comprehensive article "Islamisme et Parsisme" (1901). D. meritorious recitation or chanting of Islam from Zoroastrian gahs (Chants populaires des Afghans. see Ph. Goitein. 144f. Shaked. that is. pp. W. ~ The first serious attempt to address the question of Iranian influ. 18-20. leltext from Saddar-i nat). and Christianity admit of having been borrowed directly from the Persians" (p. "that it is in Iranian Mazdaism that the Koran chanted during the mourning periods for the happiness of the origin of the legend of the ascension of the prophet Mul)ammad to heaven. p. W. which c--- which the Prophet is said to have made his ascent. 130 He strengthens his thesis by arguing that unbelievers and heretics. Vfdevdiid V. "Iranian Theme~" in ® "It is generally recognized. WIraz. "De I'infiuence de la religion mazdeenne sur les croyances des from (using) the same cup as a man of ditTerent religion (jud-diin). described in his inscriptions.131 Mazda. 15. "the day of the ass- the head of legitimate kings (p. J28 Islam" (p. See further S.1 could (especially the Book of Enoch) and partly directlyl@jthe harsh view not be other than the heavenly journeys in Iranian tradition. Koran beside Persian ideas that had spread through the intermediaries of Judaism 130 There is considerable literature 00 the subject. Hinz. and yet not as a day of rest. the mount with the body of a donkey and a human face on counterpart of the Jewish Sabbath." pp. p. see Bausaoi. religious prescriptions con. 7). of which of the kiifirs or unbelievers and counting them as ritually unclean l34 the best-known example is that of Arda VIriiz and his visit to heaven (this is less compatible. are not lacking. 38: "It is necessary to make an effort soas 10 abstain 131 In an earlier article. 145-46 for his reservation on this point." pp. is a foreign term conforms better to the Zoroastrian beliefthat creation was realized in derived from Middle Persian biirak (Pers.. "Ard. he remarks." pp. 1899) concluded. . Livre d'ArdJ Viniz. Persia religiosa. "mount. for instance. "Until now. modeled on the Zoroastrian practice. p. A History 132 Italic in the original. "Iranian Themes. designating Friday as a Buraq. n. eschatological elements. holy texts. elements of the religious development of Islam. but kept in force among the Shi'ites (pp." in ( _~3-:)He Dotes that verse 9. 9). 117-26. II. embly. of Zoroastrianism." used in six stages. trans- and exegetes with regard to the Prophet's ascent into heaven on the mitted partly through the mediation of Judaism and Christianity basis of the rather laconic and ambiguous Koranic verse 17. For a survey of these works see E. see. 212-13). who mentions the adoption of the times of the canonical prayers in Vfdbdad and its commentaries.r." pp. furnishes a Zoroastrian paral- Nomag. 75-129. p. 356f. Gignoux. 261)." is mitigated in Sunnite Elr. 19). 127 element. II: Among the Persian influences that he attributes to the time of the L'Ascension au ciel du prophet Mohammed" in two parts (Revue de emergence ofIslam. soul of the departed.and his "journey through paradise and hell are to be sought" (p. which are our chief source for Sassanian he wrote. after it sources. "that the eschatological elements of the From Zoroastrian Iran to Islam. MUQ-ammad and other prophets as well as Jesus~ apostles had its origin in the "royal S." p." pp.. that the source of the legend as developed by Traditionalists had been fixed at three times a day. "innama'l mushrikiina najisun . "Some musulmana (Eng. especially the Koran. particularly with respect to the uncleanliness of 543-65. 25-26). 23. the human corpse. the Persian Islamic times. 145. 1. Persia religiosa. n. 132 Exercised under the two forms of borrowing and reaction. even though their contents generally go back to pre. D. n. who glory" (x . cerning ritual purity. and legal texts. who in his article "Etudes sur I'histoire religieuse de I'Iran. which was conceived as tongues of flame descending on tried to derive yawm al-jum 'a from Hebrew yom hakkenisa. with the Judeo-Christian notion and hell 129 . For a similar journey by the weighing of the good and evil deeds in scales (mfziin) at the Day the Zoroastrian priest. however. Le Zoroastrians for the remission of the sins of the deceased or the living. p. Le Livre d'Arda Viraz. "less attention has been paid to one of the most important Zoroastrianism. Skjrerve.a legend which served also as the ultimate prototype for of polytheism and unbelief than with the Zoroastrian attitude toward Dante's Divina commedia. and E Vahman. 4). For the latest transla.g. pp. treated so prominently in the Avestan text of 128 Earlier sporadic references to such borrowings. I. 37). it has been a decisive influence on the formation of the character of ence on Islam was by the noted French orientalist Edgar Blochet. West. after examining all relevant daily canonical prayers. see P. 269-306. O. p." . Darmesteter. /_. "The Origin and Nature of Muslim Friday Worship. Gignoux. and the Shi'ite practice of having the 129 "It follows therefore. Kirdlr. For Zoroaster's vision of his Lord. Cf. de Menasce. Ardii Jt7riiz Iranian Themes in Islamic Literature. "Kirdir's Vision: Translation and Analysis." (1898). Shaked. 22). 135 Blochet's article was followed by Goldziher'searnest and more Goldziher draws attention also to a number of developments and practices that show Persian influence and are reflected in Traditions 127 See Bausani. he includes the following: the prescription of five I'Histoire des Religions. Islam and the Divine Comedy apud Vahman. 185." peuples tures." he writes. ISO. comparable to the same practice among the tions of the Middle Persian text which contains the legend. see M. Ph. biira). Boyce. 39. with bibliography. ?- "Pahlavi Literature. arana-. 118tT." Blochet concludes. 144. farrah)." pp. cf. and Gignoux. 29. but was not followed by a period of inactivity for Ahura somewhat similar contexts (pp. tr.28. pp. 32 Ehsan Yarshater The Persian presence in the Islamic world 33 reverse process of the effect of Islam on Zoroastrian ninth-tenth. "Zoroastrian Literature. and J. "Dantes persische Vorliiufer. Blochet had averred that the halo seen around the head of 135 See Shaked. These are." century books. e. and Miguel Asix y Palacio~ La escatologia interpretation. Arda Wiriiz Niimag.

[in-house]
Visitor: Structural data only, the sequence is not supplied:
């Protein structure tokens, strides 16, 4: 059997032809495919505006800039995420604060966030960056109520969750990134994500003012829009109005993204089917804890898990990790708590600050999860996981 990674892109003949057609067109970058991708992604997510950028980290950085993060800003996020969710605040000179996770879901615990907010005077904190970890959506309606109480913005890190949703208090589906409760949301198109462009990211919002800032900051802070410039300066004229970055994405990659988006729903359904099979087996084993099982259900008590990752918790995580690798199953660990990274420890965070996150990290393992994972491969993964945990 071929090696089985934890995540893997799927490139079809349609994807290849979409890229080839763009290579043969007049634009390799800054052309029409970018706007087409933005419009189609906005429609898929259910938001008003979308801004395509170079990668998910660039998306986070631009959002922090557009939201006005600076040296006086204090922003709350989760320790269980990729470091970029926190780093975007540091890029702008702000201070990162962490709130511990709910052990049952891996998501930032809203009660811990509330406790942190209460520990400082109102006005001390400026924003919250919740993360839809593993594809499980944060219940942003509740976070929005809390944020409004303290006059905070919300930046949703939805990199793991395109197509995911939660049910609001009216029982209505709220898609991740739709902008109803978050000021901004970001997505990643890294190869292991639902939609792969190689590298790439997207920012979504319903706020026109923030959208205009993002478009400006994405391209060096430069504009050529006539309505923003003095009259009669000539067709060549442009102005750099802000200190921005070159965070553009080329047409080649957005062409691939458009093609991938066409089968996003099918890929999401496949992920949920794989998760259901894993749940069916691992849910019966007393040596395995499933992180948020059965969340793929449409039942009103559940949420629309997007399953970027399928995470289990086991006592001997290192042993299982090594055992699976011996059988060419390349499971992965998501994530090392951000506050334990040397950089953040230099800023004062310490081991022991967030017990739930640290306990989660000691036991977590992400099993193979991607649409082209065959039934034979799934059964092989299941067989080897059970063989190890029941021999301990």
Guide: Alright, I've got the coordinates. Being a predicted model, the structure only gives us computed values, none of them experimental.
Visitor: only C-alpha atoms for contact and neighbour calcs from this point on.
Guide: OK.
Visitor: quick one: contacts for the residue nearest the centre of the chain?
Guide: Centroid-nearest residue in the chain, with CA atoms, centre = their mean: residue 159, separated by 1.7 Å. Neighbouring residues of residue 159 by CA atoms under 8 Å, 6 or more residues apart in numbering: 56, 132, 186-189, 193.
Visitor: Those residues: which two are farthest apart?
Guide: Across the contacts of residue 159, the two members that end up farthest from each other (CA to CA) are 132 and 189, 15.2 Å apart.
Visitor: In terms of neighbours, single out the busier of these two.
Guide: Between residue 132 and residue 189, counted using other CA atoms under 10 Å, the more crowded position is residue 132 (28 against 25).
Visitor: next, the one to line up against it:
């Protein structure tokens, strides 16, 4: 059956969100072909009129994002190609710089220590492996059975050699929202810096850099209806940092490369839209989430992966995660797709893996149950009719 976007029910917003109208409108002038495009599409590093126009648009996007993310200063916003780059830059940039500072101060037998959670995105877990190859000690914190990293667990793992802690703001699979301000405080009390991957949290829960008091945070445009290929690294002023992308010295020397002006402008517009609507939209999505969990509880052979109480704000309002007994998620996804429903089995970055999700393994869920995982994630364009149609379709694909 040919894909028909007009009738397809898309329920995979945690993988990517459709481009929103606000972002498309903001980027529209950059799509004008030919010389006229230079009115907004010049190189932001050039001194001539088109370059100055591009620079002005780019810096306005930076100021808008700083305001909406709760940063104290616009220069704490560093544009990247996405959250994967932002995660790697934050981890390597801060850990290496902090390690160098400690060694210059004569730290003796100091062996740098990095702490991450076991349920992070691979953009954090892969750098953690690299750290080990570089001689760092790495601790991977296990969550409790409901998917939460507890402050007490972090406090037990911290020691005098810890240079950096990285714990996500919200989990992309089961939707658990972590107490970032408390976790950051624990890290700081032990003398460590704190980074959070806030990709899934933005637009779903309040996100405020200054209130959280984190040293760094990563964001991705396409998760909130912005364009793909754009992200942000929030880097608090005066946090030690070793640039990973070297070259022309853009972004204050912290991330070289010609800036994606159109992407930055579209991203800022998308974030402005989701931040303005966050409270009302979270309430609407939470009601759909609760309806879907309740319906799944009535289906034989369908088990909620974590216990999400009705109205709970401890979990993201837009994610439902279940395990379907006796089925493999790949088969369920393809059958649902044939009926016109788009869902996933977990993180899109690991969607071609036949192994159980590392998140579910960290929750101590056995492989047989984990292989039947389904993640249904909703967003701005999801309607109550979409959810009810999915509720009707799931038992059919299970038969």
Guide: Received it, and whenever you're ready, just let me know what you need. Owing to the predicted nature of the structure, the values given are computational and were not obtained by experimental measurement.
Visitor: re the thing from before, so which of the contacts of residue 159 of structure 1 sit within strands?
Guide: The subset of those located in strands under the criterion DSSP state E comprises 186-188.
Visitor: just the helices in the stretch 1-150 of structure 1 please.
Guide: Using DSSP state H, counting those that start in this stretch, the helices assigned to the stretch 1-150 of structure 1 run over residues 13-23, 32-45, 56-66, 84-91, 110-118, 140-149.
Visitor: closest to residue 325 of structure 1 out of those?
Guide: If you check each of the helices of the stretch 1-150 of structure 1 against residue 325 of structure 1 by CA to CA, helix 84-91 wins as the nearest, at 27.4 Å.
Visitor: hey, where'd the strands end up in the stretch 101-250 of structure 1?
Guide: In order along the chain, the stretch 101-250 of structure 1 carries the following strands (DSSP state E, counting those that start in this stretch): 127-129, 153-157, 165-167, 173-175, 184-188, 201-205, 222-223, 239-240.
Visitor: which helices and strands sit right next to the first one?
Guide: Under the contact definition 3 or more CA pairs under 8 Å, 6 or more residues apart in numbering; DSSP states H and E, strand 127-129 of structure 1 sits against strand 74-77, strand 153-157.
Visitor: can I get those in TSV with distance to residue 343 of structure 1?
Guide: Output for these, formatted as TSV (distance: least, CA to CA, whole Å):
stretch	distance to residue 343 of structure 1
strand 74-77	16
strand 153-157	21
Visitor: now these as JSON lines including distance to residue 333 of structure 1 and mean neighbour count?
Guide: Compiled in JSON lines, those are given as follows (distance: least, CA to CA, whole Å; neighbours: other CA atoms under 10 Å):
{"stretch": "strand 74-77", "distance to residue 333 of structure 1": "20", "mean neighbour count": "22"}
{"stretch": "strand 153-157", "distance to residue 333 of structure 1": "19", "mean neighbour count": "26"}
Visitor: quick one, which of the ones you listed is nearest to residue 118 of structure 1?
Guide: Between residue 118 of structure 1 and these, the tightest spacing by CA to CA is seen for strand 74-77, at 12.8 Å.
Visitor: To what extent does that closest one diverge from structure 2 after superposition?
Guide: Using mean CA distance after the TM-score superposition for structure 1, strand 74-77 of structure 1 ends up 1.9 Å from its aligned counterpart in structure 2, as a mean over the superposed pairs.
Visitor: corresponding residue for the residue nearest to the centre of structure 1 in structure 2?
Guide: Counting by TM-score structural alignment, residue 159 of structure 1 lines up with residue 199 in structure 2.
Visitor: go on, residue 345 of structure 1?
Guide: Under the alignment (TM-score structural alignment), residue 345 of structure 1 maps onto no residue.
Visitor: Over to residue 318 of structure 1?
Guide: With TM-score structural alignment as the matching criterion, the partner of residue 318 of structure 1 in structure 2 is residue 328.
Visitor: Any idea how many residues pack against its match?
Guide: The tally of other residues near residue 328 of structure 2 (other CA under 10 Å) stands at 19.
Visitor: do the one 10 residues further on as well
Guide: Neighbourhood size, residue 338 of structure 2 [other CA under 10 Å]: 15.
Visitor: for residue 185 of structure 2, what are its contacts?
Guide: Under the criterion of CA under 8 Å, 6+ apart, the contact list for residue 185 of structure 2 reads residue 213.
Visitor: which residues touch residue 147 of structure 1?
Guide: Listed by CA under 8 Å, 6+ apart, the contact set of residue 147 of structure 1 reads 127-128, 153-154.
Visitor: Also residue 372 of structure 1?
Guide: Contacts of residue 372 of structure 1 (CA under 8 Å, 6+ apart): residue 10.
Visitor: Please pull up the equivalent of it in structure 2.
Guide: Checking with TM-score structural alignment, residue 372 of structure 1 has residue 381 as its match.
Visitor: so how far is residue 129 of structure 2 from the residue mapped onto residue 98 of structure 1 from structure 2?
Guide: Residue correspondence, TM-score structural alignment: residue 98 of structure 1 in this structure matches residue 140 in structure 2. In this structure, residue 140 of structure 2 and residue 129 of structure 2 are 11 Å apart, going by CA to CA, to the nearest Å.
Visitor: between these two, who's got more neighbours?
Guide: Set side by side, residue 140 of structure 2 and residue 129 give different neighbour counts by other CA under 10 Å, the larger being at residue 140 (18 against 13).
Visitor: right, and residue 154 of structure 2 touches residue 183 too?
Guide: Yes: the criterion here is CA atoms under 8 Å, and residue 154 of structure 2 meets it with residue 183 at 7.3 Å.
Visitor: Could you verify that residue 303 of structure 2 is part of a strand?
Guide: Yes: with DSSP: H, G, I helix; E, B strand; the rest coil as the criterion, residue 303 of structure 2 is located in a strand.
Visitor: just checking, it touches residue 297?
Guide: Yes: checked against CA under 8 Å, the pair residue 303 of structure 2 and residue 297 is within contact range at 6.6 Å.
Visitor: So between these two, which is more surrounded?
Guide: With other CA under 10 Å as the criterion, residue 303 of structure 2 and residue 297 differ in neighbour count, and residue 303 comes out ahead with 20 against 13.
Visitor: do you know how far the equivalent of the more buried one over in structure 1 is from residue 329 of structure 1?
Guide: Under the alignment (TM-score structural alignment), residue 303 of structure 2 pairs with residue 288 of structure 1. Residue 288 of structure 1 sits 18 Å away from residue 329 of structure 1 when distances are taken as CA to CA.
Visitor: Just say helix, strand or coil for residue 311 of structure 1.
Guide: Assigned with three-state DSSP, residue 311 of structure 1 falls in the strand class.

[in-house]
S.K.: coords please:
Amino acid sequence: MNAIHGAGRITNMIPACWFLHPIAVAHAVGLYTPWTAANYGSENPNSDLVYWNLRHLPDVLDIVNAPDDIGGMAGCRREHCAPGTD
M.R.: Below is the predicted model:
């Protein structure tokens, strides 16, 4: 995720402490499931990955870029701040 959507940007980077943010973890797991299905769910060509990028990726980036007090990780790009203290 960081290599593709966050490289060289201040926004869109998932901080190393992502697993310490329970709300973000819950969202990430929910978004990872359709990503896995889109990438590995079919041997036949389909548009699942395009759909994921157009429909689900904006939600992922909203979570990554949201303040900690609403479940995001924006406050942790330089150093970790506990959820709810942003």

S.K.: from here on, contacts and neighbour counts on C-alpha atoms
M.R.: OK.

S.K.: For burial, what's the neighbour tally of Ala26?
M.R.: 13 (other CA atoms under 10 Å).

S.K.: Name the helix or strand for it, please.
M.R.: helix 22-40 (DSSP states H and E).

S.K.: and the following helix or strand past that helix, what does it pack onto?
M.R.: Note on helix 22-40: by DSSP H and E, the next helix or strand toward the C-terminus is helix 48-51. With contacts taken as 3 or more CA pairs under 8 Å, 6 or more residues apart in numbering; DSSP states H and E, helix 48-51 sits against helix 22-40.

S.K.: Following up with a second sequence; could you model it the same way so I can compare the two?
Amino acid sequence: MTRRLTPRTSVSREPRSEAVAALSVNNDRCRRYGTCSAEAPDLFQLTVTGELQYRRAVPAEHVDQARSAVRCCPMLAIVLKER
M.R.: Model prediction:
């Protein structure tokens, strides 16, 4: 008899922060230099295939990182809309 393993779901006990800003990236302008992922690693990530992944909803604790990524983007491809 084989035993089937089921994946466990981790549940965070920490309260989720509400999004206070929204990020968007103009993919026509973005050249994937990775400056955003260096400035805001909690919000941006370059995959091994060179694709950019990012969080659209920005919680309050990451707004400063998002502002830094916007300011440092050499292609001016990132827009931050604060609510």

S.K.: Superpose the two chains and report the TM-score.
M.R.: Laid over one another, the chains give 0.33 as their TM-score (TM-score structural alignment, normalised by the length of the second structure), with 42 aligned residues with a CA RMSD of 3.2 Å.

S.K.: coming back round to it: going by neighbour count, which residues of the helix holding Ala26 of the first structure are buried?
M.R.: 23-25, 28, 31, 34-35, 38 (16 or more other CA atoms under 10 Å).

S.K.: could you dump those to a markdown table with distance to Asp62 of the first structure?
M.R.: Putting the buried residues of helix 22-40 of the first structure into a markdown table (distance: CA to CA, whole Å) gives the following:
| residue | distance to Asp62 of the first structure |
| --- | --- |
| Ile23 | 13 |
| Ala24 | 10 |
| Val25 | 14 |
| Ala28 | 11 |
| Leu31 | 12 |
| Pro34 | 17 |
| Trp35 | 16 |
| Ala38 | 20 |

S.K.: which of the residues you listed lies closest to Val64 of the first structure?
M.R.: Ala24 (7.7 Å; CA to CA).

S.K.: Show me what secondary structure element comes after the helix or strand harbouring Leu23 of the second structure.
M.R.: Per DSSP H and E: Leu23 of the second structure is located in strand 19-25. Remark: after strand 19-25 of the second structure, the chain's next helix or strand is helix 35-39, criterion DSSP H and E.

.8)138 . 30[. p. the angels additional cases of borrowing related to pre-Islamic Arabia. see Mole. Gray shows awareness of the existence of to prove his remarks. p.35). The Persian presence in the Islamic world Ghazalfs al-Durra al-flikhira. 467--69 on the ritual. See M. the bridge to be temples.). fire- -- ment of the soul by weighing its actions in a balance. the two traditions of the USe of the toothbrush-(. stress- logical beliefs and Islamic ones as they are expressed in the Koran or in popular Islam... ! Mihragan festivals and their respective ceremonies (pp.). ." p. \5. 15fT. Basing himself as far as devoted a chapter each to. but in spite of the almost passionate tone of his some of the above ideas also in Christianity (p. during the first cen- --- Zoroastrianism. opposition and negative reaction he cites the attitude toward the dog. 40. for that one is a devil. however. Inostrancev in his Sasanidskie Et'udy. quite clear evidence of close affinity between Iranian and Islamic ideas so as to IJ' He shows (p." p. 156.13. but he who assists with the ceremonies until the deceased is i Denkart about the birth of Zoroaster. Tafazzoli. 136 as well as recourse to certain formulaic numbers in Zoroastrian writing on the fate of departing souls and the final judg- both religions. however. each of which weighs as much as Mount U~ud (p. 14). numerical yardsticks to J :'".a revealing detail.12. Islam was concerned largely on the works of Wolffl40 and Ruling. 142 In some respects. Muhammedanische Eschacologie (Leipzig. 179). VII.g. I. punishment in hell or reward in paradise. 81 ff. Gray also briefly compares the notion of a savior in both faiths a sacred animal in Mazdaism.l41 1 Iff. shayast 10. 1872). raised.. - '38 Shaked provides further references to Zoroastrian texts ("Iranian Themes. But there are elements in the Islamic Prophet commanded us to kill dogs.). and Nauriiz and Gray drew a detailed list of parallels between Zoroastrian eschato.56.58--60. treatment of eschatological events that derive quite clearly from Iran.. whereas in the Zoroastrian faith aU souls are dlnik. pp. among others. 'Beware [only] the black. but does not article. pp.ra.. which occurs in both Zoroastrianism and lslam recommended for certain acts as especially efficacious (p. Legende. without. draw attention. judg. I. etc. Tor Andrae drew attention to the similarity of the events which occurred in conjunc- '36 E. including bodily resurrection. it seems.68. 1885]). pp. (8) that dogs were not considered unclean at the time of the Prophet suggest probable dependence is eschatology. mentioning pp.). 1895). Datistan i punishment are eternal. Verwandtschaft der jiidisch- eyes. 30f. 1Of.lliS. war techniques and weapons (pp. which has two dots over its two 143 Gray notes at the end of his article Balken's book. saying. Fars in particular.. He drew particularly on turies ofIslam (ibid." p.that his concern himself with channels of transmission. Among th-e influences through eventually purified and admitted to the blissful renovated world (p. IJ7 E. the number 33. .1l7 the inordinate number of Traditions on the merits ment (pp.~akfc()nsiderecl a-virt-uous act also are divergent. which in their tum were also attention to the following passage in Ja~~'s Ketiib al-~zayawiin. Shaked ("Iranian Themes. pp." " .). '44 For the legends of Zoroaster's birth. 144: "One fairly large topic on which there is n. . 185). In his Die Person Muhammads (1917). 127. Boyce. Shaked. He does who record men's deeds or question the soul of the deceased. 42-44. 115. He later prohibited us from killing them. 59fT. t43 thesis is only a hypothesis (p. 142 Cf. Past and Goldziher furnishes references to both Islamic and Iranian sources Present [New York. which bears striking resemblance to 35 measure them. specifying any one's deeds in the form of a beautiful or abominable figure. Elr. 139 Darmesteter had treated earlier in detail (The Mahdi. Ill. the Tradition quoted from the Prophet (Usd al-ghaba. but wide for the virtuous. stressed the importance of studying Sassanian civilization in order to A year later in 1902 Louis Gray's article "Zoroastrian Elements in understand better the Sassanians' effect on Islamic culture and Mul:1ammedan Eschatology" appeared.- 34 Ehsan Yarshater of Judgment and the use of quantitative.20.. -------~~~~~~~~~~~~~~------. Islamic eschatology derived a good and were even allowed in the mosque. 117. in which the corpse is exposed to a dog. 177f). 180).. 46ff. a topic that Islam. 174: "The dependent. he reminds the reader .'" The description is that of the dogs used by christlichen mit der parsischen EschalOiogie (G6ttingen. published in 1909. 148) draws I deal of material from Jewish and Christian sources. 4f. Sassanian literature (pp. 144 as relevant. but ending as ritually unclean in (sosyant in Zoroastrianism. 29) and not the last word on the issues K. 1902). p.cautious scholar that he is . personification of r ing their effect on the Islamic society of earlier centuries with liberal quotations from Arabic sources. on the relationship Zoroastrians in the sag-did ritual. pp. mahdl in Islam. 149. on Iranian antecedent. t44 In his later work on buried merits two. 38. and Amiizigiir and 14' Beitrage zur Eschacologie des Islam (Leipzig. Us!. --- performs the canonical prayers for the dead before the stretcher merits one carat tion with the birth of the Prophet oflslam and those recounted in the (q"iriiO (of reward).) that continued to exist for several centuries after Islam crossed which is as thin as a hair or sharp as a razor's edge for sinners and have been described by Muslim geographers and travelers (pp.) He also stresses the continued existence oflarge Zoroastrian com- and an intermediate station between the two (hamestagan in munities in Persian provinces. 12). a'rafin Islam. to pre-Islamic monuments (palaces. I 58ff. dark (baMm) [dog]. of Judeo-Christian and Zoroastrian eschatology. one major difference being that in Islam reward and among the Zoroastrians (Shayast n-. 172) that whoever i. "Iranian Themes. however.g.